Unique Facts Of Coal

Coal is a combustible black or brownish-black semidentary rock, composed primarily of carbon along with variable quantities of other elements, such as hydrogen, sulfur, oxygen, and nitrogen. Coal is extracted from the ground by coal mining and has been used as energy resource. Here is some unique facts about coal.

  1. Do you know Titanic? Yes, the British passenger liner that sank in the North Atlantic Ocean in 1912 and was main idea of the famous American epic romance-disaster film by James Cameron. The ship’s coal stores had been burning for weeks before set sail which damaging the starboard side of the ship where the iceberg hit. The fire damaged the hull enough to be a large contributing factor to why the iceberg caused so big damage.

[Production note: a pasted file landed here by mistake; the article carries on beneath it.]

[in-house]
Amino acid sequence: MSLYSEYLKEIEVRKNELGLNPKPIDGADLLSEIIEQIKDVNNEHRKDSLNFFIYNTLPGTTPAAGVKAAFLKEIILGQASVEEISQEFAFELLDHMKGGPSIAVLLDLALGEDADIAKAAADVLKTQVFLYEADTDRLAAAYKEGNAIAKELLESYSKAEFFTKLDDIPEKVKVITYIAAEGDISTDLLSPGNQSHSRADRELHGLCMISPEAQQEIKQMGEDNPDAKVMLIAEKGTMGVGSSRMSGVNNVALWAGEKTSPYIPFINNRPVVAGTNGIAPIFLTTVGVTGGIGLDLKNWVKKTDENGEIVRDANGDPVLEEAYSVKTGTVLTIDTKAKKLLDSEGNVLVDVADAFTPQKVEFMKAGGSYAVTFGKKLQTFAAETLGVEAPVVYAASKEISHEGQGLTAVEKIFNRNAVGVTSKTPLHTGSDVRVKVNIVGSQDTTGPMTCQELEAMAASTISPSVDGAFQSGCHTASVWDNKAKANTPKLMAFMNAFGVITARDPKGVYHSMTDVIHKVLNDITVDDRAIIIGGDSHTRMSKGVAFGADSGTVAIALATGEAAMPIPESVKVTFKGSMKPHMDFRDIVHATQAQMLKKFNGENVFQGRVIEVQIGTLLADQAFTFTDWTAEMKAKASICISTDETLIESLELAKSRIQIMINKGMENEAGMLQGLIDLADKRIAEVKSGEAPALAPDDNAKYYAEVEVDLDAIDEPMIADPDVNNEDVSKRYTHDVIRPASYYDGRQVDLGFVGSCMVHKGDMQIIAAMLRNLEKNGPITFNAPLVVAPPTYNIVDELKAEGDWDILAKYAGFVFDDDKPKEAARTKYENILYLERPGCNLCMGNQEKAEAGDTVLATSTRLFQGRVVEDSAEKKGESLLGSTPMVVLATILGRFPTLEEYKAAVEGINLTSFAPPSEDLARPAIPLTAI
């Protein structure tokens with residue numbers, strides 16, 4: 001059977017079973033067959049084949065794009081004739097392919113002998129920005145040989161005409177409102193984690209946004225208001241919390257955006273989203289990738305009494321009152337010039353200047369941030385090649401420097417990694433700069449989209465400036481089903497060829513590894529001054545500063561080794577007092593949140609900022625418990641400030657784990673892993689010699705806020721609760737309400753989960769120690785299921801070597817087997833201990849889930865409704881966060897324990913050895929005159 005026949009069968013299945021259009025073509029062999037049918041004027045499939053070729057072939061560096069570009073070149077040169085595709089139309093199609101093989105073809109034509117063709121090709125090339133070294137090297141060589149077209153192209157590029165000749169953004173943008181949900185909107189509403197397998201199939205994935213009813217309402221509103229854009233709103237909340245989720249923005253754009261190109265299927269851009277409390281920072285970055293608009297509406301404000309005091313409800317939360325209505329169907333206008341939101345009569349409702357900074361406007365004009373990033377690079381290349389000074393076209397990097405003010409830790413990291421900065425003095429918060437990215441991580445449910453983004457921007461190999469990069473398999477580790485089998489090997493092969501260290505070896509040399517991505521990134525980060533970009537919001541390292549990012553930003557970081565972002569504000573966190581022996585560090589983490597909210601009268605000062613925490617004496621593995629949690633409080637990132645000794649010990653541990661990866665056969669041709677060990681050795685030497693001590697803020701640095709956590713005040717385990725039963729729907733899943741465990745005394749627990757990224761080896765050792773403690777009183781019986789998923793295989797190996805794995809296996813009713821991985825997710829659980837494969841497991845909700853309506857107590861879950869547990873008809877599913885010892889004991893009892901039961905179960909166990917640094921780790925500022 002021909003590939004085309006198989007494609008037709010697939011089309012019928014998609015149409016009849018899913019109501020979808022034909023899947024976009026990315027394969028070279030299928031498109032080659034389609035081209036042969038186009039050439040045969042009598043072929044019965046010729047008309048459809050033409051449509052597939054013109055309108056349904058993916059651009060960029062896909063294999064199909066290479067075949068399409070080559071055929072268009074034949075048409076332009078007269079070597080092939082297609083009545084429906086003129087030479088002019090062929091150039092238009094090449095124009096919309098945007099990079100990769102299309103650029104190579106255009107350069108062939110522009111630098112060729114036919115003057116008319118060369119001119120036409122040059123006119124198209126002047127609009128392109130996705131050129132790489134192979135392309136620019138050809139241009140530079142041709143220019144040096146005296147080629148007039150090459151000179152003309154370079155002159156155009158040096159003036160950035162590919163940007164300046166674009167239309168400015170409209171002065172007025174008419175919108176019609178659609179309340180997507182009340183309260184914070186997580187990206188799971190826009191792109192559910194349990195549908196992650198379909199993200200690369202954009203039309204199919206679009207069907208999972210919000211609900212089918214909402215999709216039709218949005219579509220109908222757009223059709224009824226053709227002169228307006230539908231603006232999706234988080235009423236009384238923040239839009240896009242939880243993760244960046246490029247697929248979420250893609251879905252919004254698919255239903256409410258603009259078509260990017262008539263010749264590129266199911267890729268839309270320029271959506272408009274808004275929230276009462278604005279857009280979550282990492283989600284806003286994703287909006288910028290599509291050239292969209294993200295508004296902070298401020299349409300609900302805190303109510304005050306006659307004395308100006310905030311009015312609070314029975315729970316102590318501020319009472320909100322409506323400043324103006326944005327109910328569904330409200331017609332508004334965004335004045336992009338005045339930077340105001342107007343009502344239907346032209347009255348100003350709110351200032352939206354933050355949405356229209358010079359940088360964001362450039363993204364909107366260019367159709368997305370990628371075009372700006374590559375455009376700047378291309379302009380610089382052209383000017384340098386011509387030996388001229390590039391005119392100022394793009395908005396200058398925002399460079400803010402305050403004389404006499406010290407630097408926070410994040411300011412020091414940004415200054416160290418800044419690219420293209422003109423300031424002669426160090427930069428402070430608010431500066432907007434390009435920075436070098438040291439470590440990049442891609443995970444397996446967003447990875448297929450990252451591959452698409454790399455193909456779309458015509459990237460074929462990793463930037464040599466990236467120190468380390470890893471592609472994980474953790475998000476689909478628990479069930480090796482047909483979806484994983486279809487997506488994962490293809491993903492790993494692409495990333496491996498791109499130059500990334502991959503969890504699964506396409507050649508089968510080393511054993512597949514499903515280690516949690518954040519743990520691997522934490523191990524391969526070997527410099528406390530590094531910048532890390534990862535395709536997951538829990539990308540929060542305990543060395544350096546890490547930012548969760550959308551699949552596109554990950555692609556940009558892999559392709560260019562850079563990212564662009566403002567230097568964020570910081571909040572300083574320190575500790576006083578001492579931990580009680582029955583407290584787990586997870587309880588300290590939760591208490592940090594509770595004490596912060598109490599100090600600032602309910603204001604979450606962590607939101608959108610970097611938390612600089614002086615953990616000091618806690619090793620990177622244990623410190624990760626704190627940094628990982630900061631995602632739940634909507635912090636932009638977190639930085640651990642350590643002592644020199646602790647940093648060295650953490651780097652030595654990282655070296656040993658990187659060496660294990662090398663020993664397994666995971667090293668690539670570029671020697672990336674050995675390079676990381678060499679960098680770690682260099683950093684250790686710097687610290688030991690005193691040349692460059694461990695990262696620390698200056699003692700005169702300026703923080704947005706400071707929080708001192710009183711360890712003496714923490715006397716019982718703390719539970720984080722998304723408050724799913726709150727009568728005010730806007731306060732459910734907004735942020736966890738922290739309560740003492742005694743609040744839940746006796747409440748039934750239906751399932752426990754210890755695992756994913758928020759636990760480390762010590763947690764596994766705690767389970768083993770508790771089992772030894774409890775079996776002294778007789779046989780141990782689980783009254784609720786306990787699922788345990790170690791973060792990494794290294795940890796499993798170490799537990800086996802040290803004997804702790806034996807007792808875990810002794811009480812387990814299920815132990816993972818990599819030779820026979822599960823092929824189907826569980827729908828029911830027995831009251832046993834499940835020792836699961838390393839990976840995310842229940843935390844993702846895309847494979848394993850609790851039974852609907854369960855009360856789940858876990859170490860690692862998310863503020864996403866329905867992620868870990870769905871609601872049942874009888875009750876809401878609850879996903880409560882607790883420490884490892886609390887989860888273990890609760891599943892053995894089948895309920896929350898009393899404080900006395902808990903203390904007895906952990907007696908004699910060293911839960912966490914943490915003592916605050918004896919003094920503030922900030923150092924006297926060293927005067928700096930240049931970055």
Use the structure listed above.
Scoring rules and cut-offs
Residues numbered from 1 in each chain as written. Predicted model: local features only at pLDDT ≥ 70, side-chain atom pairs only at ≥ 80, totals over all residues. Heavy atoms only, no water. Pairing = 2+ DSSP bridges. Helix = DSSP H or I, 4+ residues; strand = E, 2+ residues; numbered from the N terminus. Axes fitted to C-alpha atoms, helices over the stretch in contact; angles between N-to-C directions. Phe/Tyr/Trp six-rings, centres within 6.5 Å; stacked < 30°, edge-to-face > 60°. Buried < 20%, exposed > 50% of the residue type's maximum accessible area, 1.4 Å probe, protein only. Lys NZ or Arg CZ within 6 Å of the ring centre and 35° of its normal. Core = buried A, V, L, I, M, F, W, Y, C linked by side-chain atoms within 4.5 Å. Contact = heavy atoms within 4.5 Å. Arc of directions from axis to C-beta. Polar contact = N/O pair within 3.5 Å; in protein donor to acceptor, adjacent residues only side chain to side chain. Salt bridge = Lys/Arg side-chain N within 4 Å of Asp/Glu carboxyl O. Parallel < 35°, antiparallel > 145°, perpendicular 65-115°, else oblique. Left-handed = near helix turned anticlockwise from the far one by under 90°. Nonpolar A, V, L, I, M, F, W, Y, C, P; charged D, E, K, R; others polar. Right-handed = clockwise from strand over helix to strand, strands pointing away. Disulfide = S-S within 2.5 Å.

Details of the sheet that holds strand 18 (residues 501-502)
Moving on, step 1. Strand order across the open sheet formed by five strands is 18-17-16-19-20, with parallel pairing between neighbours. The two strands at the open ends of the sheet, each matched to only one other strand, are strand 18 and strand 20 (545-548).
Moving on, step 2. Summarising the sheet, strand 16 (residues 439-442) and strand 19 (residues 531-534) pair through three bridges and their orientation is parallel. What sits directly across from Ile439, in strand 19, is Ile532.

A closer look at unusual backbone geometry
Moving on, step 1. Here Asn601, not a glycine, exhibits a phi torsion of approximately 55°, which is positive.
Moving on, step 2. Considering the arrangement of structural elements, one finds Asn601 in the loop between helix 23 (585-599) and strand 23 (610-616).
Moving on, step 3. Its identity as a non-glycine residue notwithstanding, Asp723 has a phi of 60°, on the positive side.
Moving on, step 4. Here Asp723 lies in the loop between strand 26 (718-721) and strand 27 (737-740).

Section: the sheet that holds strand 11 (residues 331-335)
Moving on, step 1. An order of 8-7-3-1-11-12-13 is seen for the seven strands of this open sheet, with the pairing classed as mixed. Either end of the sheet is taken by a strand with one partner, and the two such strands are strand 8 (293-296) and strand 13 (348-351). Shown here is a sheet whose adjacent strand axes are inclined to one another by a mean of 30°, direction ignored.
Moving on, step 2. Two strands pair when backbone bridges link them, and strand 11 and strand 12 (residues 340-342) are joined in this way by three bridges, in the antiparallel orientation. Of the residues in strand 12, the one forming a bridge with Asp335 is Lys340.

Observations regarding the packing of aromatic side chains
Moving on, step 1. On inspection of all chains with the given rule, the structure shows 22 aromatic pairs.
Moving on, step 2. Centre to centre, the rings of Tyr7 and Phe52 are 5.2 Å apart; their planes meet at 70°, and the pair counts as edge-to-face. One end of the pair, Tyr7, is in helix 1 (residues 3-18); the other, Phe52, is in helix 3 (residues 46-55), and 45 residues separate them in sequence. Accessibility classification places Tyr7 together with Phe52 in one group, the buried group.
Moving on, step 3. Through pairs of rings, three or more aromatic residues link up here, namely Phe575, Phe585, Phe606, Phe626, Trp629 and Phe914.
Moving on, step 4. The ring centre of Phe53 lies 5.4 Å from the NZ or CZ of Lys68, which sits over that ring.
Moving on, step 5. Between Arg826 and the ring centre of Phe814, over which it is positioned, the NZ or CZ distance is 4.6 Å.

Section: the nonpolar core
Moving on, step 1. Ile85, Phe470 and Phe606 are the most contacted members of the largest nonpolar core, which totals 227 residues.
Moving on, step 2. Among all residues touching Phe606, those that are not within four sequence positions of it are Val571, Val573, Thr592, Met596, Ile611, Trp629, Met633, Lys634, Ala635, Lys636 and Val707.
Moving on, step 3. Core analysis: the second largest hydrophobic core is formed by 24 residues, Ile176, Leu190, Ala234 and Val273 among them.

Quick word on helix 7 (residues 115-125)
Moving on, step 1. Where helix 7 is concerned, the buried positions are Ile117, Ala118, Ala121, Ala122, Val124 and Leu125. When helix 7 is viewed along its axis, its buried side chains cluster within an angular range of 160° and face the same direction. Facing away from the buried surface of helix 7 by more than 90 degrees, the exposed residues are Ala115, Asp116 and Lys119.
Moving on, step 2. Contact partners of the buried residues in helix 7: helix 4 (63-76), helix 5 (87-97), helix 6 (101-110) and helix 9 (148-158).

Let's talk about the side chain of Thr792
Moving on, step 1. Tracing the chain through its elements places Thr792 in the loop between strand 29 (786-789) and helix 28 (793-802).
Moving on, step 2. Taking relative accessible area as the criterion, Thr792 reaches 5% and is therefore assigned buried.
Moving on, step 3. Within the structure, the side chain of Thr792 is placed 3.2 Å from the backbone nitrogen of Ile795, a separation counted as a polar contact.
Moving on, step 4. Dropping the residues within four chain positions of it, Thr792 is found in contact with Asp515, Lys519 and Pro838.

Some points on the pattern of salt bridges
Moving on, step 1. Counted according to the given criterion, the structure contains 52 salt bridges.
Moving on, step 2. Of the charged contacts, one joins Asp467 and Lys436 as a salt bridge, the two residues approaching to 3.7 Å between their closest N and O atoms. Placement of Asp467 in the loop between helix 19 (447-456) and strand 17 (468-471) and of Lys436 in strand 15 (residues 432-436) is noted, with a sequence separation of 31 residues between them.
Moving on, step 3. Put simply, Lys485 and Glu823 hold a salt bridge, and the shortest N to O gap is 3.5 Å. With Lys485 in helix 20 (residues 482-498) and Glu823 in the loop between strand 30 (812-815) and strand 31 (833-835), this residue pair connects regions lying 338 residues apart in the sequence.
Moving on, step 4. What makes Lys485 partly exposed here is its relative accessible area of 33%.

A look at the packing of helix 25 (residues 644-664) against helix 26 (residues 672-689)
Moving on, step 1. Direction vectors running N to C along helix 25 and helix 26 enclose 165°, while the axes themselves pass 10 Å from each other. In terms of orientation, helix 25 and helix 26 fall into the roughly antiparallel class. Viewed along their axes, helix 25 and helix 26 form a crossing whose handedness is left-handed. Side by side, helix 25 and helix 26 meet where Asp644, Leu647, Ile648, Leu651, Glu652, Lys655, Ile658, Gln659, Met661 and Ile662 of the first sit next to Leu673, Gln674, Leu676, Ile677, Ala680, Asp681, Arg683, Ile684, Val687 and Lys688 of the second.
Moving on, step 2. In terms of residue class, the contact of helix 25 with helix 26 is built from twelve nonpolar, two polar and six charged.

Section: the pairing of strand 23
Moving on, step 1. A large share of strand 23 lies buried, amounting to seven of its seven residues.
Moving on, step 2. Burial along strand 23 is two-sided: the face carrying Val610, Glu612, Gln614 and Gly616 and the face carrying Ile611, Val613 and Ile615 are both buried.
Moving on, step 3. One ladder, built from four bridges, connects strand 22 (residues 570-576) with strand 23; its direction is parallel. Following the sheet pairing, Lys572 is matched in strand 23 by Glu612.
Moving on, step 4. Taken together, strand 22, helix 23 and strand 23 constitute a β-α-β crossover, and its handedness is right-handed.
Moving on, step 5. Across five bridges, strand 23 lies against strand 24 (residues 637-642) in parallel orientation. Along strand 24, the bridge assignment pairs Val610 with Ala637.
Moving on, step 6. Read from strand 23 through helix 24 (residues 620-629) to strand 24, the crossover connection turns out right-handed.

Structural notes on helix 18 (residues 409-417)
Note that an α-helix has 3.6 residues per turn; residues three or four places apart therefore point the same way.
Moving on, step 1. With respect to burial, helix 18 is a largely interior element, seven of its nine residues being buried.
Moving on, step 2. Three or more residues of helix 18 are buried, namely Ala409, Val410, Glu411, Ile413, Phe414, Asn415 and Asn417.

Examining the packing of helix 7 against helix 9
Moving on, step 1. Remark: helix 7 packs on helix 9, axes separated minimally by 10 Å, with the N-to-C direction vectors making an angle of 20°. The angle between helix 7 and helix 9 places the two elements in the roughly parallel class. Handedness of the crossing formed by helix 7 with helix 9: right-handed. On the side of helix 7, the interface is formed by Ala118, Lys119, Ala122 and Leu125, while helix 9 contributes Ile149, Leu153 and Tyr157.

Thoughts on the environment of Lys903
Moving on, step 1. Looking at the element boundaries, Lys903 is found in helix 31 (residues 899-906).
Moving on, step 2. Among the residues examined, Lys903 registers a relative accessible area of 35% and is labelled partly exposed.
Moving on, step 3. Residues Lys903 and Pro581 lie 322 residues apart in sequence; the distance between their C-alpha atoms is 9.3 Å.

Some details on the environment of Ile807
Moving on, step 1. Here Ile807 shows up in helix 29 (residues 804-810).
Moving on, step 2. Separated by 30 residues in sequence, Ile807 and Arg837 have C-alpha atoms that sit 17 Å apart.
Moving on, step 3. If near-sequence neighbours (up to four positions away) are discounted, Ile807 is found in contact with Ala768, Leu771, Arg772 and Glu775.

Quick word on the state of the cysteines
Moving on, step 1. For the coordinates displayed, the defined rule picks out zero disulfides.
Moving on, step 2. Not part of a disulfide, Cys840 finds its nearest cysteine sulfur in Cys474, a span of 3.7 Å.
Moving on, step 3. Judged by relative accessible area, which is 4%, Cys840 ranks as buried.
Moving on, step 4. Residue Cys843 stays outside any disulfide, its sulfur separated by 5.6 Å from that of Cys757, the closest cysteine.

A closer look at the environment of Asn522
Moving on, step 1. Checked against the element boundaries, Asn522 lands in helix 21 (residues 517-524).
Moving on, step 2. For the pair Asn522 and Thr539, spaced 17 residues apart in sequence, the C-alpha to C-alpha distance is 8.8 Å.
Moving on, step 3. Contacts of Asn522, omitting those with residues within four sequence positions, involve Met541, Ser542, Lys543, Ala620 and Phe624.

2. Kentucky Coal Mining Museum is powered by solar energy, not coal energy. This museum is located in Benham and owned by the Southeast Kentucky Community and Technical College.
  3. When a coal mine catches fire, it burns for decades or centuries until the fuel source is exhausted, a permanent groundwater table is encountered, the depth of the burn becomes greater than the ground’s capacity to subside and vent, or humans intervene. Coal fires affect the environment’s health, because they release toxic fumes, reigniting grass, brush or forest fires, also causing subsidence of surface infrastructure such as roads, pipelines, electric lines, bridge supports, buildings, and homes. The fire can be started by humans or natural causes.
  4. La Marquise, the world’s oldest running car built in 1884 and made by Frenchmen De Dion, Bouton and Trépardoux. The car was sold in 2011 for $4.6 million. With 38 mph top speed, it runs on coal, wood, and bits of paper, which takes 30-40 minutes to build up enough steam to drive.
  5. Mount Storm (Thermal) Lake, a 1200 acre lake that is super heated by a 1.6 GigaWatt coal burning power plant which is owned and operated by Dominion Virginia Power. Even in zero degree temperature, the water of the lake never dips below 50 degrees.